Unjust arm of the law

Vicky Conway hails powerful research that lays bare the corrosive effect of unchecked power

September 12, 2013

The Parisian riots of 2005 generated images of riot police and burning cars and buildings that were projected around the world. Unemployment and social exclusion were at the core of these events, but also central was the role of the police, long accused of overt racism in Paris’ deprived banlieues, or suburbs. The catalyst for the riots was a police attempt to arrest six young men of African origin over a break-in on  October that year. Three of the young men ran from the police, and their attempt to hide in an electrical power station resulted in the death of two of them. At the time of the riots, Didier Fassin, a French-born scholar renowned for books such as When Bodies Remember: Experiences and Aids Policies in South Africa (2007), was conducting ethnographic research with the police in the banlieues. Enforcing Order: An Ethnography of Urban Policing, now translated into English, is the powerful, distressing and thought-provoking product of that research.

Vignettes are a primary tool of the book; they enable it to bear witness to the experience of the residents of the banlieues and the way they are treated by the police. Opening the book is the sad tale of three young boys who are stopped by officers as they wait at a bus stop. The situation quickly escalates as riot police arrive and arrest the boys. Indeed, the reader is left incredulous at the excessiveness detailed in the account. Supposedly the boys should feel lucky that just four hours later they are released without charge but, as Fassin outlines, the experience is frightening: “they resent the injustice they have suffered and the indignity of the situation in which they have found themselves: being arrested in front of friends’ parents, the handcuffs, the threats, the taunts, the insults, the racist comments – all of them vexations that they realise they have endured because they live where they live and they are who they are”.

Through the presentation and analysis of such stories and encounters, each chapter addresses a separate theme. In combination, these offer a deconstruction of how such police behaviour has become the norm: how the police define a situation as requiring an excessive response; how the ordinariness of police work requires adherence to an illusion of more excitement; how interactions such as “stop and search” serve a controlling purpose; how police violence should be conceived of as more than the physical application of force; the politicisation of policing and how officers’ own morality can lead to the enactment of justice on the streets. The book is based on 15 months of fieldwork, an undertaking unprecedented in France and one that, as the difficulties of access Fassin encountered suggest, will not be conducted again for some time.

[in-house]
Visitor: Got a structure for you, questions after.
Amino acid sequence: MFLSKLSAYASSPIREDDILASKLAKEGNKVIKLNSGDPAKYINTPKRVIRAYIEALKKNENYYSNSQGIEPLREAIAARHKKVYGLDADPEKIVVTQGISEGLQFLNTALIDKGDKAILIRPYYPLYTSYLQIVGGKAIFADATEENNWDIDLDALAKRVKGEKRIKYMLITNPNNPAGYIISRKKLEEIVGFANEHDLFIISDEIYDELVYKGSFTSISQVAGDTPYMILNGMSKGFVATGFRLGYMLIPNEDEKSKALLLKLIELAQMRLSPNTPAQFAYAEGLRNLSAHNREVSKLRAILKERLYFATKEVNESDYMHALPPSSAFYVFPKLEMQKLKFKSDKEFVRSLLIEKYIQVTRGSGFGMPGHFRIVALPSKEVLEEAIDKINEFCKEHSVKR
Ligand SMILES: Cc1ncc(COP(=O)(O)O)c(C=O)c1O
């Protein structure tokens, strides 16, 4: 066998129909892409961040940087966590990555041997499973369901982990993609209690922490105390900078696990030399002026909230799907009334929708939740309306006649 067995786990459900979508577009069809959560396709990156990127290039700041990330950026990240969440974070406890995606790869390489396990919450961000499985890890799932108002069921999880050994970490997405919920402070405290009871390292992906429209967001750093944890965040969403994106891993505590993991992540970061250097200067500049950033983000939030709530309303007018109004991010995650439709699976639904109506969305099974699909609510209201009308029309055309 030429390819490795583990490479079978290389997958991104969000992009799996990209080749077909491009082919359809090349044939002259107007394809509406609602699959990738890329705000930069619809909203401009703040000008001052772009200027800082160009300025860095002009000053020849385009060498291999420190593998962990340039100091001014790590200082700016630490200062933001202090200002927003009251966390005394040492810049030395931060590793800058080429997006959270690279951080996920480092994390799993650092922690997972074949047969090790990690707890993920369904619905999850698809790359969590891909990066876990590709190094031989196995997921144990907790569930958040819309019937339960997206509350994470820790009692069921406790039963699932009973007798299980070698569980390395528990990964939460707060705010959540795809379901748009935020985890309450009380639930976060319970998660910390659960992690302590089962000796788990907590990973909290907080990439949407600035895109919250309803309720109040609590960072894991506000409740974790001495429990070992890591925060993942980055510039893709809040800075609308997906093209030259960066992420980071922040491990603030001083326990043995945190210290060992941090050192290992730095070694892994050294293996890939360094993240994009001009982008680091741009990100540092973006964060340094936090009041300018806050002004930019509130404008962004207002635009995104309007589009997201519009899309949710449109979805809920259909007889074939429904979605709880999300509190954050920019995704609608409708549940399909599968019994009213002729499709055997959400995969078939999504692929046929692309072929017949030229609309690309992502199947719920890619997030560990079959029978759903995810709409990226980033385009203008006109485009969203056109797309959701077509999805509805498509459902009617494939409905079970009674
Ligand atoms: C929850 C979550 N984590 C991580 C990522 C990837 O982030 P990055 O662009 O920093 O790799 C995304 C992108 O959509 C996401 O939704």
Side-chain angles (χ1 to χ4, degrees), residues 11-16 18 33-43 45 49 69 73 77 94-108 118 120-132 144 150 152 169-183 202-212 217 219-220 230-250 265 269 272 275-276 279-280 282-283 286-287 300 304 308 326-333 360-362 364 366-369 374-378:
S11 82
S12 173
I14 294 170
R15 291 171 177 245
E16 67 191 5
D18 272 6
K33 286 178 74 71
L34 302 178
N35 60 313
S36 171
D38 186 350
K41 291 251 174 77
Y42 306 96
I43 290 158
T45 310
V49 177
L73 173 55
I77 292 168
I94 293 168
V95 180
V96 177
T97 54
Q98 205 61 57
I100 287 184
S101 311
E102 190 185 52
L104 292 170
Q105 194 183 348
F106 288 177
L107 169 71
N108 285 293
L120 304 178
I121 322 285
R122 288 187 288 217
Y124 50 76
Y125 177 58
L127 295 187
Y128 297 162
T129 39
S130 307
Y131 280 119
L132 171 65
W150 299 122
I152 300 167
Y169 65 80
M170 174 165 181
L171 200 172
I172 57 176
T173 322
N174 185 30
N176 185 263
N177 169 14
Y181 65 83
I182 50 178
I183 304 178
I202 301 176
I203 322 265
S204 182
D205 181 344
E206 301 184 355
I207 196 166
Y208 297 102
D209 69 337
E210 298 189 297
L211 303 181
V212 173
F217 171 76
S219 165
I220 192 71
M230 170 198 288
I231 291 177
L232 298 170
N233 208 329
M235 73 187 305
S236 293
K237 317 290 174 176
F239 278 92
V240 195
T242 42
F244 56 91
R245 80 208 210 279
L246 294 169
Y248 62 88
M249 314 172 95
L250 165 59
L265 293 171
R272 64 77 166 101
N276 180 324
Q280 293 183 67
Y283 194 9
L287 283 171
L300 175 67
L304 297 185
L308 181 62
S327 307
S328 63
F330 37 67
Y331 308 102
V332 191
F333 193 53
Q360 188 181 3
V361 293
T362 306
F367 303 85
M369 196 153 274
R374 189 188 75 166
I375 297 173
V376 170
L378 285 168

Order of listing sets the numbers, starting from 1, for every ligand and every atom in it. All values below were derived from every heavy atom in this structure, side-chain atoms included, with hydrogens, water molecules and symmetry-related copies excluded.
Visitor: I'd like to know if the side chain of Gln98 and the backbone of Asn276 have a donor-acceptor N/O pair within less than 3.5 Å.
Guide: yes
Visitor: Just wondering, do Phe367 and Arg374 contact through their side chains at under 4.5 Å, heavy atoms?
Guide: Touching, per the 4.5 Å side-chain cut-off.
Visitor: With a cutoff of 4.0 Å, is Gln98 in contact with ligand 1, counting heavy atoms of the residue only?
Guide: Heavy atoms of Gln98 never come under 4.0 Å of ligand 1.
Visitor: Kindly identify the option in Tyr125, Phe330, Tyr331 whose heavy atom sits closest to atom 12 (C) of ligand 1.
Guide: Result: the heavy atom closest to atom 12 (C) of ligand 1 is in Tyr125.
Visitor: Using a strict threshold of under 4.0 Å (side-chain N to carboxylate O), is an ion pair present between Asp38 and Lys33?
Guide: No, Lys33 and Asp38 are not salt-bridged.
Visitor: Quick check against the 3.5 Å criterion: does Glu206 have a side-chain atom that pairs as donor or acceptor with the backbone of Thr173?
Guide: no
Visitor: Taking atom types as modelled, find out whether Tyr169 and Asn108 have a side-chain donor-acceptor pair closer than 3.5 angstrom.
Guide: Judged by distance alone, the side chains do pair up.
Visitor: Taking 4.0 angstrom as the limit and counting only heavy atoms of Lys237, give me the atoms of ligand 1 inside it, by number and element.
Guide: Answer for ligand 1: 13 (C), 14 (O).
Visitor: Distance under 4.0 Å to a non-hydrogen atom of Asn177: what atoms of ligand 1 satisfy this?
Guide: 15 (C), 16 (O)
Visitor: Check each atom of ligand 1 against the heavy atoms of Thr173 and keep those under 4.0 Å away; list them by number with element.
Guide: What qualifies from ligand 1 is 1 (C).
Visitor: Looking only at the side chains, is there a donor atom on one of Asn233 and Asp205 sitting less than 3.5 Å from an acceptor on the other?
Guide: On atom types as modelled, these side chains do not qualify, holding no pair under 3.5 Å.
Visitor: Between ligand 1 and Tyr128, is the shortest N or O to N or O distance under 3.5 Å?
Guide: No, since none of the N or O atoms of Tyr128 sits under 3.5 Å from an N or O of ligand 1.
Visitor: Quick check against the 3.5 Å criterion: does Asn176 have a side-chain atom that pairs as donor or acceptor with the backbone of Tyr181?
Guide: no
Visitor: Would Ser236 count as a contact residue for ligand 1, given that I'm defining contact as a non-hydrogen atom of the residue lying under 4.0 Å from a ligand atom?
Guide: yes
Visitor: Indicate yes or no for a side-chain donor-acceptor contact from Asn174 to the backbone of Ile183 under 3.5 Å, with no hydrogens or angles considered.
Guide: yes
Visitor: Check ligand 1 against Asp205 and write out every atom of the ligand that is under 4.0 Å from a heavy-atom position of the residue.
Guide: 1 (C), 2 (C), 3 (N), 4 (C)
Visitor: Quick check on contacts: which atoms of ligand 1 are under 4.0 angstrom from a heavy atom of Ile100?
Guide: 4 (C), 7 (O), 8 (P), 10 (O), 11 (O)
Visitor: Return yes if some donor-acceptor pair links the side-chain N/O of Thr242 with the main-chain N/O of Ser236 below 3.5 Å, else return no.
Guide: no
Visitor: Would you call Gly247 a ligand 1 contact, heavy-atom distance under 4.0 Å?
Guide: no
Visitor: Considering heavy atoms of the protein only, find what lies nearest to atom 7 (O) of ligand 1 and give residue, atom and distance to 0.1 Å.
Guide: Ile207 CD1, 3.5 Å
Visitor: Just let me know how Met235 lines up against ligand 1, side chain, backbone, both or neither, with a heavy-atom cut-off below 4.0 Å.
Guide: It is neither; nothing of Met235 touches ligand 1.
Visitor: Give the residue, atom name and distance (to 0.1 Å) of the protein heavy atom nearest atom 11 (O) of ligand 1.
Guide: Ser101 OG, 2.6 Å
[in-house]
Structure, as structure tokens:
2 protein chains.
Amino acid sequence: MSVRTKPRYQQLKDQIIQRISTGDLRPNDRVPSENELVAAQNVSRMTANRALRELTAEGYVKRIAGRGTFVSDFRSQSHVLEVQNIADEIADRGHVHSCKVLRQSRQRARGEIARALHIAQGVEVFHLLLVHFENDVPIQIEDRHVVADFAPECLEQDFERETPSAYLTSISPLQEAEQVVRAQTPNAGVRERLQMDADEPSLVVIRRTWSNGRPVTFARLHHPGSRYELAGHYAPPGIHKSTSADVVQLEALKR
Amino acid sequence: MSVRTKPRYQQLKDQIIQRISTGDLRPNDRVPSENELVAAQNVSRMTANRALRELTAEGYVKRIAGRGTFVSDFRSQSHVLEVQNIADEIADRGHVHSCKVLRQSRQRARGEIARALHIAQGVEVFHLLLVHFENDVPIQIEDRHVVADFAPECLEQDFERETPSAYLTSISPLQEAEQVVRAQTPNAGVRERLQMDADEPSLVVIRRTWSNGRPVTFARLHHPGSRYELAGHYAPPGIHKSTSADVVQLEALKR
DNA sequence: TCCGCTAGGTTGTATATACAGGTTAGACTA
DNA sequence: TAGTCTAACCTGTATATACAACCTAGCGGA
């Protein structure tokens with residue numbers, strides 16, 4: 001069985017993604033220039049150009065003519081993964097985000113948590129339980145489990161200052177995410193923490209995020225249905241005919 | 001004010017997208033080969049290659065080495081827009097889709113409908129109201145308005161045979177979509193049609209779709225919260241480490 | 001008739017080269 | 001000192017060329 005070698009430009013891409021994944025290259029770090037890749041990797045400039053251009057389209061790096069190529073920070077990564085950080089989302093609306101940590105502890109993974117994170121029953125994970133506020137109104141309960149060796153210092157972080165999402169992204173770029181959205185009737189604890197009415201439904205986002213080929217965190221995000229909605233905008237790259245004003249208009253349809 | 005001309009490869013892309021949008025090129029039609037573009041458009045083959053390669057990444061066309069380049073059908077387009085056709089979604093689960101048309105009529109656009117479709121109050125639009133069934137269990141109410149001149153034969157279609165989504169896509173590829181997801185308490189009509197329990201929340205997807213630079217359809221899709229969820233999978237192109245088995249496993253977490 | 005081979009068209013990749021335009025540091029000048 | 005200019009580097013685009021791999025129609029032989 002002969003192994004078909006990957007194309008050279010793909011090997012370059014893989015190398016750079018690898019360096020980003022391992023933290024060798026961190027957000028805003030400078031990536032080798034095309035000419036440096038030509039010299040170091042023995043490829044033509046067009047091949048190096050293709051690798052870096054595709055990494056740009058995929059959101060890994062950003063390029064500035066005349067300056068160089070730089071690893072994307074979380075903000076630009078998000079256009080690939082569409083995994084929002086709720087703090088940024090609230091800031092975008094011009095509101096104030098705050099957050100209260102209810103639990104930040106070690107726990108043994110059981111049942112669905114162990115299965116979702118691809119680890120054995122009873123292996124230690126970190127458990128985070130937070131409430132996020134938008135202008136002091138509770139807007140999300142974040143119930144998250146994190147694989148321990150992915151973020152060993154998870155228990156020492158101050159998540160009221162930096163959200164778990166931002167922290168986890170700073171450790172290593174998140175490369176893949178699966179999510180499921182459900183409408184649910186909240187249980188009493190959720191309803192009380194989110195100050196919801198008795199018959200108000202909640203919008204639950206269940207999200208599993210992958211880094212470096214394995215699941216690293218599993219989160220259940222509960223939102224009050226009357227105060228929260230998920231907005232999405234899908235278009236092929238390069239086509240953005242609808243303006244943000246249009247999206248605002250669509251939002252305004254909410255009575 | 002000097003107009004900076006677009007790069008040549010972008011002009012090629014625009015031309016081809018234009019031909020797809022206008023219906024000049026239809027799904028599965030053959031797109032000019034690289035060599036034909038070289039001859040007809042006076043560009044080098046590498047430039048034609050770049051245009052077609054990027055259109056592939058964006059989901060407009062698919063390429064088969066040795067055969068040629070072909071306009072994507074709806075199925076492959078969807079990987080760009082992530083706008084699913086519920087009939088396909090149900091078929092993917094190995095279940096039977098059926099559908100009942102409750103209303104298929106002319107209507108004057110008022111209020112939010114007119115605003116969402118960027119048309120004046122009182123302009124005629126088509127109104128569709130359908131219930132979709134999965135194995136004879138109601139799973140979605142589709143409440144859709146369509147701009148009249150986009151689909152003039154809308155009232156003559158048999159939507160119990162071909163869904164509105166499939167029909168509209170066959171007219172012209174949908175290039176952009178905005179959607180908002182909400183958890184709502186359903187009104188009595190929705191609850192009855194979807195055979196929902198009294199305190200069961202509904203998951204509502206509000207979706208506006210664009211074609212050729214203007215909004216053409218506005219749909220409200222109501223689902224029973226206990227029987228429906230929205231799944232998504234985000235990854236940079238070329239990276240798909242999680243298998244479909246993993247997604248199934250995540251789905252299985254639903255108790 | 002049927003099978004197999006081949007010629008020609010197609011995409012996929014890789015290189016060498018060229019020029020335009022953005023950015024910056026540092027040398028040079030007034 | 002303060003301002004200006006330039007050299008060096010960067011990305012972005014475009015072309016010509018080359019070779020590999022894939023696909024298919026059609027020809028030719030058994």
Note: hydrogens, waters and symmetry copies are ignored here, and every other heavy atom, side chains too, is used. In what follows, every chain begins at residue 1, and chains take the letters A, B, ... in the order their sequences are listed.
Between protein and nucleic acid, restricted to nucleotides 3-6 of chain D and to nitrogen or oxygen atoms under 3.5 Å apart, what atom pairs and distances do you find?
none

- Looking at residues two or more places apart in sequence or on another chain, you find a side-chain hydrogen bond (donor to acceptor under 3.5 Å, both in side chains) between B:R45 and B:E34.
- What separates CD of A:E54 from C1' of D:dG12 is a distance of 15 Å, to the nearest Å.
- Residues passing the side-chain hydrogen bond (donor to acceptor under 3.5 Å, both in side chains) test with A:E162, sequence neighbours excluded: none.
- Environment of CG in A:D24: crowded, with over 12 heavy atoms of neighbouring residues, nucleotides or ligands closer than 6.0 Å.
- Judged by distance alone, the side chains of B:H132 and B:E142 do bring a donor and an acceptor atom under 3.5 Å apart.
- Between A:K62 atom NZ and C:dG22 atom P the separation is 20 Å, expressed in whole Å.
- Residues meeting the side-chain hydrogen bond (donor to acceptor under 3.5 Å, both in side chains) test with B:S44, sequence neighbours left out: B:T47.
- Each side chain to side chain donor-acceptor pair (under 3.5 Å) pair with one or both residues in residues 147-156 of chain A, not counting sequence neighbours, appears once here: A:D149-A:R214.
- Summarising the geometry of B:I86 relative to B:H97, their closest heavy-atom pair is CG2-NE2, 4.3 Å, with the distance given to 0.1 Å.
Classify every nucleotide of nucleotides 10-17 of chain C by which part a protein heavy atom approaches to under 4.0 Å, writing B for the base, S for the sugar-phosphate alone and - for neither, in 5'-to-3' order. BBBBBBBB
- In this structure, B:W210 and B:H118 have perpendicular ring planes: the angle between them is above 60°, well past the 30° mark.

While he draws on classic policing texts to develop a rich analysis, Fassin is not a policing scholar and this book is in many ways not about policing. The study does indeed permit something of an understanding of police action, but more than anything it documents the racial “othering”, violence (both physical and moral), cruelty and the dehumanising and demonising treatment experienced, physically and mentally, by residents of the banlieues every day. Fassin lays bare how this treatment is relentless, excessive and hopeless.

Whether one wishes to understand the dynamics of the riots of 2005 (or even those in Trappes in July this year), or is interested in the culture and power of policing and how that power is wielded when racism is unchecked and accountability unenforced, Enforcing Order furnishes a narrative that will distress and enrage but ultimately reinforce a belief in the need for democratic oversight of uses of power.

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